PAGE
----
Subject: Graphics Cards | November 29, 2014 - 09:57 AM | Sebastian Peak
Tagged: pcie, PCI Express, nvidia, mini-itx, GTX 970, graphics card, geforce, directcu mini, DirectCU, asus
ASUS has announced a tiny new addition to their GTX 970 family, and it will be their most powerful mini-ITX friendly card yet with a full GeForce GTX 970 GPU.
Image credit: ASUS
The ASUS 970 DirectCU Mini card will feature a modest factory overclock on the GTX 970 core running at 1088 MHz (stock 1050 MHz) with a 1228 MHz Boost Clock (stock 1178 MHz). Memory is not overclocked and remains at the stock 7 GHz speed.
The GTX 970 DirectCU Mini features a full backplate. Image credit: ASUS
The ASUS GTX 970 DirectCU Mini uses a single 8-pin PCIe power connector in place of the standard dual 6-pin configuration, which shouldn’t be a problem considering the 150W spec of the larger connector (and 145W NVIDIA spec of the 970).
Part of this complete mITX gaming breakfast. Image credit: ASUS
The tiny card offers a full array of display outputs including a pair of dual-link DVI connectors, HDMI 2.0, and DisplayPort 1.2. No word yet on pricing or availability, but the product page is up on the ASUS site.
Introduction, Specifications and Packaging
In recent years, Plextor has branched beyond their renowned lines of optical storage devices, and into the realm of SSDs. They have done fairly well so far, treading carefully on their selection of controllers and form factors. Their most recent offerings include the M6S and M6M (reviewed here), and are based on Marvell controllers coupled with Toshiba flash. Given that the most recent Marvell controllers are also available in a PCIe variant, Plextor also chose to offer their M6 series in PCIe half height and M.2 form factor. These last two offerings are not simply SATA SSDs bridged over to PCIe, they are natively PCIe 2.0 x2 (1 GB/s), which gives a nice boost over the current SATA limit of 6Gb/sec (600 MB/sec). Today we are going to kill two birds with one stone by evaluating the half-height PCIe version:
As you can see, this is nothing more than the M.2 version on a Plextor branded interposer board. All results of this review should be identical to the bare M.2 unit plugged into a PCIe 2.0 x2 capable M.2 port on either a motherboard or mobile device. Note that those devices need to support the 2280 form factor, which is 80mm in length.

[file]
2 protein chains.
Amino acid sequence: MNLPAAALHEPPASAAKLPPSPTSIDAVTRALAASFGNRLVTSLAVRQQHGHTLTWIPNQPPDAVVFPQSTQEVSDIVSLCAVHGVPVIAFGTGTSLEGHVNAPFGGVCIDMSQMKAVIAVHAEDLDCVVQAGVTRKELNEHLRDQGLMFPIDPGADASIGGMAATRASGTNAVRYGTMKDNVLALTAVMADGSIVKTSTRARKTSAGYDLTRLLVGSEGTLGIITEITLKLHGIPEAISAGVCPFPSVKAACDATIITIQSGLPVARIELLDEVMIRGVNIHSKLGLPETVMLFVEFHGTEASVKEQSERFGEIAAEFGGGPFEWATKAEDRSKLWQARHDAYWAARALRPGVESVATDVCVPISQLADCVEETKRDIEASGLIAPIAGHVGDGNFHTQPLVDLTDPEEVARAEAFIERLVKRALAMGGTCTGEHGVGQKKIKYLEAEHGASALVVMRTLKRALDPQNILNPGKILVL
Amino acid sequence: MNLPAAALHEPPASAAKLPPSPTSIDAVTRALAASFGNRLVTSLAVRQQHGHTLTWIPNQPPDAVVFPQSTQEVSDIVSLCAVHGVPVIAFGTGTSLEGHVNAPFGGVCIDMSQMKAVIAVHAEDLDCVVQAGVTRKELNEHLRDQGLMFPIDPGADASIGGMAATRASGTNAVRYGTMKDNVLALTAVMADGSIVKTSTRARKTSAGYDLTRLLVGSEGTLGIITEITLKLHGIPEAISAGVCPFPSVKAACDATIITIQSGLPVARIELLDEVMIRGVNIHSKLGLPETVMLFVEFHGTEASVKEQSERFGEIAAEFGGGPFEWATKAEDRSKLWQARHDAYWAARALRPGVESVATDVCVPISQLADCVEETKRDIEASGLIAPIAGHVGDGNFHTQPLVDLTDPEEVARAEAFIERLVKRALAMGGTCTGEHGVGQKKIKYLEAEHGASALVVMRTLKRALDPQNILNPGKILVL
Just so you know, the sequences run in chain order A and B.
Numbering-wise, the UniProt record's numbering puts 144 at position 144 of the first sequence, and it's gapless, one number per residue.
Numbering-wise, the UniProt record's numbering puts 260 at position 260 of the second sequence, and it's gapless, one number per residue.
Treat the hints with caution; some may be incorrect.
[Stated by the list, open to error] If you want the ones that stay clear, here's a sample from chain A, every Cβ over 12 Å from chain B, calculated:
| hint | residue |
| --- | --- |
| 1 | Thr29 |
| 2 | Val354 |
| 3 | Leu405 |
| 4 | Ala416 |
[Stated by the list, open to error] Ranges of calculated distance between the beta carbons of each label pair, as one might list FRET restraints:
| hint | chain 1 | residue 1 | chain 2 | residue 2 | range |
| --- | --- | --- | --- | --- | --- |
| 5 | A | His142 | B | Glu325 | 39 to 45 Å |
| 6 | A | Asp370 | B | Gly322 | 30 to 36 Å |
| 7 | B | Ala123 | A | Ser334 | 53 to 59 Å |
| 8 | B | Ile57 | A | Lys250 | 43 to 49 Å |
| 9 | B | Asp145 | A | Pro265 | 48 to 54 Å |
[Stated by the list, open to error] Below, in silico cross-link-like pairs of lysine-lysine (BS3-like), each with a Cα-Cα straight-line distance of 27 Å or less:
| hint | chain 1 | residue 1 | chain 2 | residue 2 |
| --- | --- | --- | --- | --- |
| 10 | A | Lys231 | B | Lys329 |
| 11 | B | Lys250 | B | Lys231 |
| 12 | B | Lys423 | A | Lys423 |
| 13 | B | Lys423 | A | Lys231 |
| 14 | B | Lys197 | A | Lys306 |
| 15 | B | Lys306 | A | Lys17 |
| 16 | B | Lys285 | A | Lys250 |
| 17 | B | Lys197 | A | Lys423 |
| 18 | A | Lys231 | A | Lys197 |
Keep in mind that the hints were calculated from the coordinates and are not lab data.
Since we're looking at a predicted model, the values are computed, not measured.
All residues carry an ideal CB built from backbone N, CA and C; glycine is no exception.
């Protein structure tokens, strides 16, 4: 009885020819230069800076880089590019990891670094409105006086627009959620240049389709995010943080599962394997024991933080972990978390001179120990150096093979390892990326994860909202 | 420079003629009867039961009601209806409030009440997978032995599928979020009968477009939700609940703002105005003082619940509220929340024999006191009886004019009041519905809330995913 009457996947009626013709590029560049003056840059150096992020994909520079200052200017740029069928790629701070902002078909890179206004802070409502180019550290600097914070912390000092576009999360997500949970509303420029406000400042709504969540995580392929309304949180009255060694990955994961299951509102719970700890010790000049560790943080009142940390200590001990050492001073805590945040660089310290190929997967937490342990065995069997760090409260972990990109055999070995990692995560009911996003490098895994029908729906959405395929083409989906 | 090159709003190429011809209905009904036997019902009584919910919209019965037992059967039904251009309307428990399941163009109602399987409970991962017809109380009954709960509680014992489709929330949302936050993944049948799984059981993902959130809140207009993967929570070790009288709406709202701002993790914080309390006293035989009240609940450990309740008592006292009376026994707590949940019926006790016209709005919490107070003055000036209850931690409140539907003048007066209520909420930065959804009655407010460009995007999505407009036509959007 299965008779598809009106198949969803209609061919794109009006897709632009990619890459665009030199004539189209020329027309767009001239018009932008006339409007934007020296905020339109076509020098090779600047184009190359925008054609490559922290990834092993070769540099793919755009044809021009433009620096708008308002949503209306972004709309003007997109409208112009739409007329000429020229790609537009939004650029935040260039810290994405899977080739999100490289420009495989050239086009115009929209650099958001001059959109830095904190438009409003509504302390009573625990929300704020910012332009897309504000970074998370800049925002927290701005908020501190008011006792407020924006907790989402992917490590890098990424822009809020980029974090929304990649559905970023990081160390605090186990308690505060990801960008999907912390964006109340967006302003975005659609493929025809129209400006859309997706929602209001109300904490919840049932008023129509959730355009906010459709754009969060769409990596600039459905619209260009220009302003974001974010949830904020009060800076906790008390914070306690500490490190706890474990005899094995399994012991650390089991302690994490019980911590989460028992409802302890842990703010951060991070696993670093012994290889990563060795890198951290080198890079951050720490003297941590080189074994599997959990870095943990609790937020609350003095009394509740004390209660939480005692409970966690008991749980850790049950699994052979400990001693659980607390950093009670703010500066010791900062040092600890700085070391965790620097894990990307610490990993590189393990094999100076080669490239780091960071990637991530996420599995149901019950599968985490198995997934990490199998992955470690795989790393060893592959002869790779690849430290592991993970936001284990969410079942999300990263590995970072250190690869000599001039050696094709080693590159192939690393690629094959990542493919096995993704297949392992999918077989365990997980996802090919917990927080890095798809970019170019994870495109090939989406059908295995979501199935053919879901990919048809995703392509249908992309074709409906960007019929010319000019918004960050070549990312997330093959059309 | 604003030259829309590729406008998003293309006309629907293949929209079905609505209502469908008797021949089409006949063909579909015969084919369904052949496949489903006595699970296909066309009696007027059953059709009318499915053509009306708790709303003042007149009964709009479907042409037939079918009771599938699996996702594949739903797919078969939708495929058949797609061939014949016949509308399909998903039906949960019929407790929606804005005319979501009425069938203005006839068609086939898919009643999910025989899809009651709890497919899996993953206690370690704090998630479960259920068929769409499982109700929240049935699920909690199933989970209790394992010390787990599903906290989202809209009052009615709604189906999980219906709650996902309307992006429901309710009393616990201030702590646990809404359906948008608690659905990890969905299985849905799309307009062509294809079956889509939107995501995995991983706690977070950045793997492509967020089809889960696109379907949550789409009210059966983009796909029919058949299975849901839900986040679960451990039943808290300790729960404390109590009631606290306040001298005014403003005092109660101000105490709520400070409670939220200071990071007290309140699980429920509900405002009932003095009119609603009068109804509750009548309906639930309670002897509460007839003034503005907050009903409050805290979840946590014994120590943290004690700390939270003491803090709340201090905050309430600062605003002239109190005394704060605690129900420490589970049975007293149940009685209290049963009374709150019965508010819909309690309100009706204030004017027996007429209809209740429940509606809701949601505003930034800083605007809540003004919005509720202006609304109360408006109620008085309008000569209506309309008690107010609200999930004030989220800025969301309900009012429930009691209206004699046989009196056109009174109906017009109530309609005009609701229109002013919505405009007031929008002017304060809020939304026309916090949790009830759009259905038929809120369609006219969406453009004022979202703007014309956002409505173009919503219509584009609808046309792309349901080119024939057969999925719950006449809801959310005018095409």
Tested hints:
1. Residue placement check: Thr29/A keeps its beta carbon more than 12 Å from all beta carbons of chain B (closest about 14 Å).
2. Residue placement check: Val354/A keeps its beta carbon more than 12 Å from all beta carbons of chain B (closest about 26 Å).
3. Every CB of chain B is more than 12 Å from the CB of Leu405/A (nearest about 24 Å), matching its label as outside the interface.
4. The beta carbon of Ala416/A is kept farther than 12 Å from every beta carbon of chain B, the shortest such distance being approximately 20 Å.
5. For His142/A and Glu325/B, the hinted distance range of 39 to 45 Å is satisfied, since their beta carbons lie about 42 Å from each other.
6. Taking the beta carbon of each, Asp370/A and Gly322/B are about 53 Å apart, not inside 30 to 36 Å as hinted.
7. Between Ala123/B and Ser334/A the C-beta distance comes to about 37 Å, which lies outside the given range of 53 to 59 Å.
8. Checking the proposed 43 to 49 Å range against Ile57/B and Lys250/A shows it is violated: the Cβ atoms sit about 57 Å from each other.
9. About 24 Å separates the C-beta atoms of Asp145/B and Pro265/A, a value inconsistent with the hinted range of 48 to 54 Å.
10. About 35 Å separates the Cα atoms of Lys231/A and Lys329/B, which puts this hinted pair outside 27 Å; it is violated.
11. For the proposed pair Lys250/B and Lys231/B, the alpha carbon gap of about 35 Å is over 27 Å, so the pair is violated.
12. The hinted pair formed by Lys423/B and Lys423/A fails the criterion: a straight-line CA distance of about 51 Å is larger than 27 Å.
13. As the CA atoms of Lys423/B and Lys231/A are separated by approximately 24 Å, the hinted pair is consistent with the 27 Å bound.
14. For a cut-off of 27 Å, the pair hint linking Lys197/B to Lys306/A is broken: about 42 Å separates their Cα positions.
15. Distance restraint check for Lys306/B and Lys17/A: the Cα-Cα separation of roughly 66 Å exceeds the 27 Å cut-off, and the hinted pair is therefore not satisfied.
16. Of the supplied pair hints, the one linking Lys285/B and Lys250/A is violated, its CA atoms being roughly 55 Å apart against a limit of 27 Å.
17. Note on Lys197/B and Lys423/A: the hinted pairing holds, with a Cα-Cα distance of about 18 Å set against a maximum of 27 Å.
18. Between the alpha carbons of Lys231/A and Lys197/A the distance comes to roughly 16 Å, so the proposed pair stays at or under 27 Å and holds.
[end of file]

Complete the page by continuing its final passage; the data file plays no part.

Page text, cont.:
Here's the M.2 version installed on an ASUS X99-Deluxe, as tested by Morry.
Subject: Storage | November 12, 2014 - 04:44 PM | Allyn Malventano
Tagged: ssd, pcie, NVMe, Intel, DC P3500
Since we reviewed the Intel SSD DC P3700, many of you have been drooling over the idea of an 18-channel NVMe PCIe SSD, even more so given that the P3500 variant was to launch at a $1.50/GB target price. It appears we are getting closer to that release, as the P3500 has been appearing on some web sites in pre-order or out of stock status.
ShopBLT lists the 400GB part at $629 ($1.57/GB), while Antares Pro has an out of stock listing at $611 ($1.53/GB). The other two capacities are available at a similar cost/GB. We were hoping to see an 800GB variant, but it appears Intel has stuck to their initial plan. Here are the part numbers we’ve gathered, for your Googling pleasure:
- 400GB: SSDPEDMX400G401
- 1.2TB: SSDPEDMX012T401
- 2TB: SSDPEDMX020T401
2.5” SFF-8639 (*not SATA*):
- 400GB: SSDPE2MX400G401
- 1.2TB: SSDPE2MX012T401
- 2TB: SSDPE2MX020T401
We did spot a date of December 12th in an Amazon listing, but I wouldn't count that as a solid date, as many of the listings there had errors (like 10 packs for the price of one).
Introduction, Specifications and Packaging